We have not yet recovered from the damage that Thatcher wrought on the very fabric of society. He conceded that the racist vote consists of a small minority however, it is very unlikely that 17 million voters are all racist. This observation chimes in with my own, very unscientific findings. I work in a part of the country where 75% of the population voted to leave and not one of those I’ve spoken to thus far is xenophobic.
To combat the racist dogma we need to unite our nation post Brexit.
To this end The People’s Assembly and Stand Up to Racism have organised a joint, emergency demo for Saturday July 16.
Charlie also reminded us to join in solidarity with all the class struggles whether or not we belong to that profession. Every single strike strengthens Corbyn’s position. Our trade unions have failed to provide focus – one only has to look across the channel to see the superbly coordinated actions of our French comrades. We need to support all strikes, coordinate them and have more and our trade unions need to support us in this.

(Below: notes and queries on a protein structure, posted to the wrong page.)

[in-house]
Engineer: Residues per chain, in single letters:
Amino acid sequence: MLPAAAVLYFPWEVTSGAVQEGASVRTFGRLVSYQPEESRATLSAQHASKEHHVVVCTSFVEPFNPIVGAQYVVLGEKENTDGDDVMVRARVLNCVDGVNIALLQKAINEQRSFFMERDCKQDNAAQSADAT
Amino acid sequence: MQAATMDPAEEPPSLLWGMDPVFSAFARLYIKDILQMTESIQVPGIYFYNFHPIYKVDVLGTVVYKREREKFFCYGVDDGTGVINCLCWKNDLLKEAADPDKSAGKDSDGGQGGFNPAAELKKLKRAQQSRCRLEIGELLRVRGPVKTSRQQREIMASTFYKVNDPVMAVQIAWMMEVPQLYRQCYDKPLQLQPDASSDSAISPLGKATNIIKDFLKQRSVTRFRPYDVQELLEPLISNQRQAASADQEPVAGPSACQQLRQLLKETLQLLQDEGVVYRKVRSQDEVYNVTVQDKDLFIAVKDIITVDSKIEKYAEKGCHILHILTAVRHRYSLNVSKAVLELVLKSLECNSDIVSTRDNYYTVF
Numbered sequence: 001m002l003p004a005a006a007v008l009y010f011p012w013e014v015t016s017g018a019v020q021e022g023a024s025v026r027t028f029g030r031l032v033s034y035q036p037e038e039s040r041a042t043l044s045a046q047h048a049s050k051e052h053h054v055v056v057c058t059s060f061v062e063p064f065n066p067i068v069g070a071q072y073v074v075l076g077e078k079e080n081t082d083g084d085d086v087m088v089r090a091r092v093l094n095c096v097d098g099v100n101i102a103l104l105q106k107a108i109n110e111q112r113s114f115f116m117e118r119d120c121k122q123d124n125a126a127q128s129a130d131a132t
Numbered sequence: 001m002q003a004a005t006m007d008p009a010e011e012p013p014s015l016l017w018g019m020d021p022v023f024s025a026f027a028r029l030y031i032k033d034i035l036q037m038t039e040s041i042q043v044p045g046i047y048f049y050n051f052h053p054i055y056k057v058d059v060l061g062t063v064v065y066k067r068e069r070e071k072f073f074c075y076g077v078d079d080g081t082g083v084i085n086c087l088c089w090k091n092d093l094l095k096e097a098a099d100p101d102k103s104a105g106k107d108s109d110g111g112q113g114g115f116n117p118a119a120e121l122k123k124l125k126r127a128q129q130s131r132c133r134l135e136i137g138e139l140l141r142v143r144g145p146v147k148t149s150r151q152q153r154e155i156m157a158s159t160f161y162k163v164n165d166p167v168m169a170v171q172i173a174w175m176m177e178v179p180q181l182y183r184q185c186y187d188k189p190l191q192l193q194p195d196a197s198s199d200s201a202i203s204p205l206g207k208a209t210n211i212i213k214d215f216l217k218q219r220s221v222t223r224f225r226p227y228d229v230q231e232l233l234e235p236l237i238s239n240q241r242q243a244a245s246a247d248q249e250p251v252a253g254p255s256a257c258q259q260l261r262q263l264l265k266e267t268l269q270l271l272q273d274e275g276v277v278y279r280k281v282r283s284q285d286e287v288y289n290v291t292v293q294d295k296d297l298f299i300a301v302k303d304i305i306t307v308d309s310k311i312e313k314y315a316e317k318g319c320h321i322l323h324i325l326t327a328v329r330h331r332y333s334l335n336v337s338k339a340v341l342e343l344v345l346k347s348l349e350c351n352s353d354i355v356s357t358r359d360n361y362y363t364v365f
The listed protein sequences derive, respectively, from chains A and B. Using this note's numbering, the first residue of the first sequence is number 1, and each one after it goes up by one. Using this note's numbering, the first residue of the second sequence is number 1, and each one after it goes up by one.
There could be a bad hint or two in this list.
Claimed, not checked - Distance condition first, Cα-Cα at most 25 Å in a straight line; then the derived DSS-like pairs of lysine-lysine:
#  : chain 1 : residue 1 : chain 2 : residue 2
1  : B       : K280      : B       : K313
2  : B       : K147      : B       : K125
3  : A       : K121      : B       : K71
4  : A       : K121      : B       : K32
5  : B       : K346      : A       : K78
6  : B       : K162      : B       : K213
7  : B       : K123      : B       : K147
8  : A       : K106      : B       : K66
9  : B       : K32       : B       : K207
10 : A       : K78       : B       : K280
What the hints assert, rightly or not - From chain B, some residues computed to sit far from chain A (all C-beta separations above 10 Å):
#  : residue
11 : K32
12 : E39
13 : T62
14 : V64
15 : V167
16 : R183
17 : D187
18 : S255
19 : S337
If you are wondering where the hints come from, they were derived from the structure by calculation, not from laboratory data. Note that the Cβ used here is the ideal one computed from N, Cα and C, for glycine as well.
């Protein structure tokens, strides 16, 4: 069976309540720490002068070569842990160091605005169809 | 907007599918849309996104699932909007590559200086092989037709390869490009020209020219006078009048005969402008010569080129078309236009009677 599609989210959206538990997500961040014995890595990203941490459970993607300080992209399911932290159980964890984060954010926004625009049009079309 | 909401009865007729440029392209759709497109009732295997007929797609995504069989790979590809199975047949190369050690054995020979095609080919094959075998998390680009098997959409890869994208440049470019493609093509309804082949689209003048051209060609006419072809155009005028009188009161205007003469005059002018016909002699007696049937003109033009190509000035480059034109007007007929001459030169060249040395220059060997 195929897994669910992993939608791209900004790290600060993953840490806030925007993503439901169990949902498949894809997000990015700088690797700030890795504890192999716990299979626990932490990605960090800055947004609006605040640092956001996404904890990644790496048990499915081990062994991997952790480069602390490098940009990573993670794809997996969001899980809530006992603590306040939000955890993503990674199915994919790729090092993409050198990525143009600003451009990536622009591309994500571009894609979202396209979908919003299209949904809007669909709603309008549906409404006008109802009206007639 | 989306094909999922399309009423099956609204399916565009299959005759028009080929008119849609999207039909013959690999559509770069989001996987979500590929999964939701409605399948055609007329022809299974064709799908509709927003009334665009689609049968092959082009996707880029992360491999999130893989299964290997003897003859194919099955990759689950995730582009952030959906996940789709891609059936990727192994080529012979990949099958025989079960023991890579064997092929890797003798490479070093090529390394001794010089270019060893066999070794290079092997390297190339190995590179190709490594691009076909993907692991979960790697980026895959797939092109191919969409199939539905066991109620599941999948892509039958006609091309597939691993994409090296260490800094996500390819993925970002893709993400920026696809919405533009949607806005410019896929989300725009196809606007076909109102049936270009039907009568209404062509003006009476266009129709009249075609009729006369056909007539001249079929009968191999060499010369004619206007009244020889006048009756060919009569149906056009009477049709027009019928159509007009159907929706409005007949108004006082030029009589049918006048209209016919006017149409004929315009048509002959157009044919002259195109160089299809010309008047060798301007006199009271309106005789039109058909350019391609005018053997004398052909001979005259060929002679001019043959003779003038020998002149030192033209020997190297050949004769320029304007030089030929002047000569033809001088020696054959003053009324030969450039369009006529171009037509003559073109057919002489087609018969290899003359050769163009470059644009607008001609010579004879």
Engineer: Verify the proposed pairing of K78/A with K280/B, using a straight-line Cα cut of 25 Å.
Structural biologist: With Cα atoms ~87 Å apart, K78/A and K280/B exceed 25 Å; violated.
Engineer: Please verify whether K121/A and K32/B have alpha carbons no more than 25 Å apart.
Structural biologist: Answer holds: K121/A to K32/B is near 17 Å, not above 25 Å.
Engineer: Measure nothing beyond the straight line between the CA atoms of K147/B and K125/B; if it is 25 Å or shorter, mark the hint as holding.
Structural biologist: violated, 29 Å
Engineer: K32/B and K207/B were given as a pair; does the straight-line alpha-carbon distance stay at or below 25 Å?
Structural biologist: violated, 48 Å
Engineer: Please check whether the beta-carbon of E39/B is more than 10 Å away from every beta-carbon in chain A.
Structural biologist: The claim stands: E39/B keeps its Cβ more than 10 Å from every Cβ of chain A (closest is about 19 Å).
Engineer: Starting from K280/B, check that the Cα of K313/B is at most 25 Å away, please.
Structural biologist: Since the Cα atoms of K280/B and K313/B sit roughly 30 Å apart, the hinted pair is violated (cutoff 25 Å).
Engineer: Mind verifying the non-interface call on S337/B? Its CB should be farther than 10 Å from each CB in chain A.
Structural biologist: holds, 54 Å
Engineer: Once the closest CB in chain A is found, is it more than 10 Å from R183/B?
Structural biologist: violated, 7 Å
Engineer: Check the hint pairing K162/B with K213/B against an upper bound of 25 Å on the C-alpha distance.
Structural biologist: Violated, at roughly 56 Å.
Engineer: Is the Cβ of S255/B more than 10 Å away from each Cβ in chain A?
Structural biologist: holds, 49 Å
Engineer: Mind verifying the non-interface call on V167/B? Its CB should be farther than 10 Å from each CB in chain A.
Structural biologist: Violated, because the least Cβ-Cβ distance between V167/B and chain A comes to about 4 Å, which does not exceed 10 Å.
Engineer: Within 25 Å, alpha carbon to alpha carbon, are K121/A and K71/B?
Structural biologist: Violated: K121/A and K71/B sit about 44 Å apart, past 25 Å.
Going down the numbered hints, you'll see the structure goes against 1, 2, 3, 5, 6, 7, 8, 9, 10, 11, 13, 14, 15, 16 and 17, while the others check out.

Our action list:
1. Teachers’ strike 05/07/2016
2. Peoples’ Assembly & Stand Up to Racism demo 16/07/2016
3. Birmingham Unwelcome Tory Conference demo 02/10/2016
4. Stand up to Racism 08/10/2016
He reminded me that the fight is outside parliament and that Corbyn has already been under pressure to compromise his position – the RemaIN vote being an example; also MPs are voting on Trident on 18/07/16.
The British ruling classes are in disarray and we don’t actually have a government at present so the time to present a united front against austerity and against racism is now!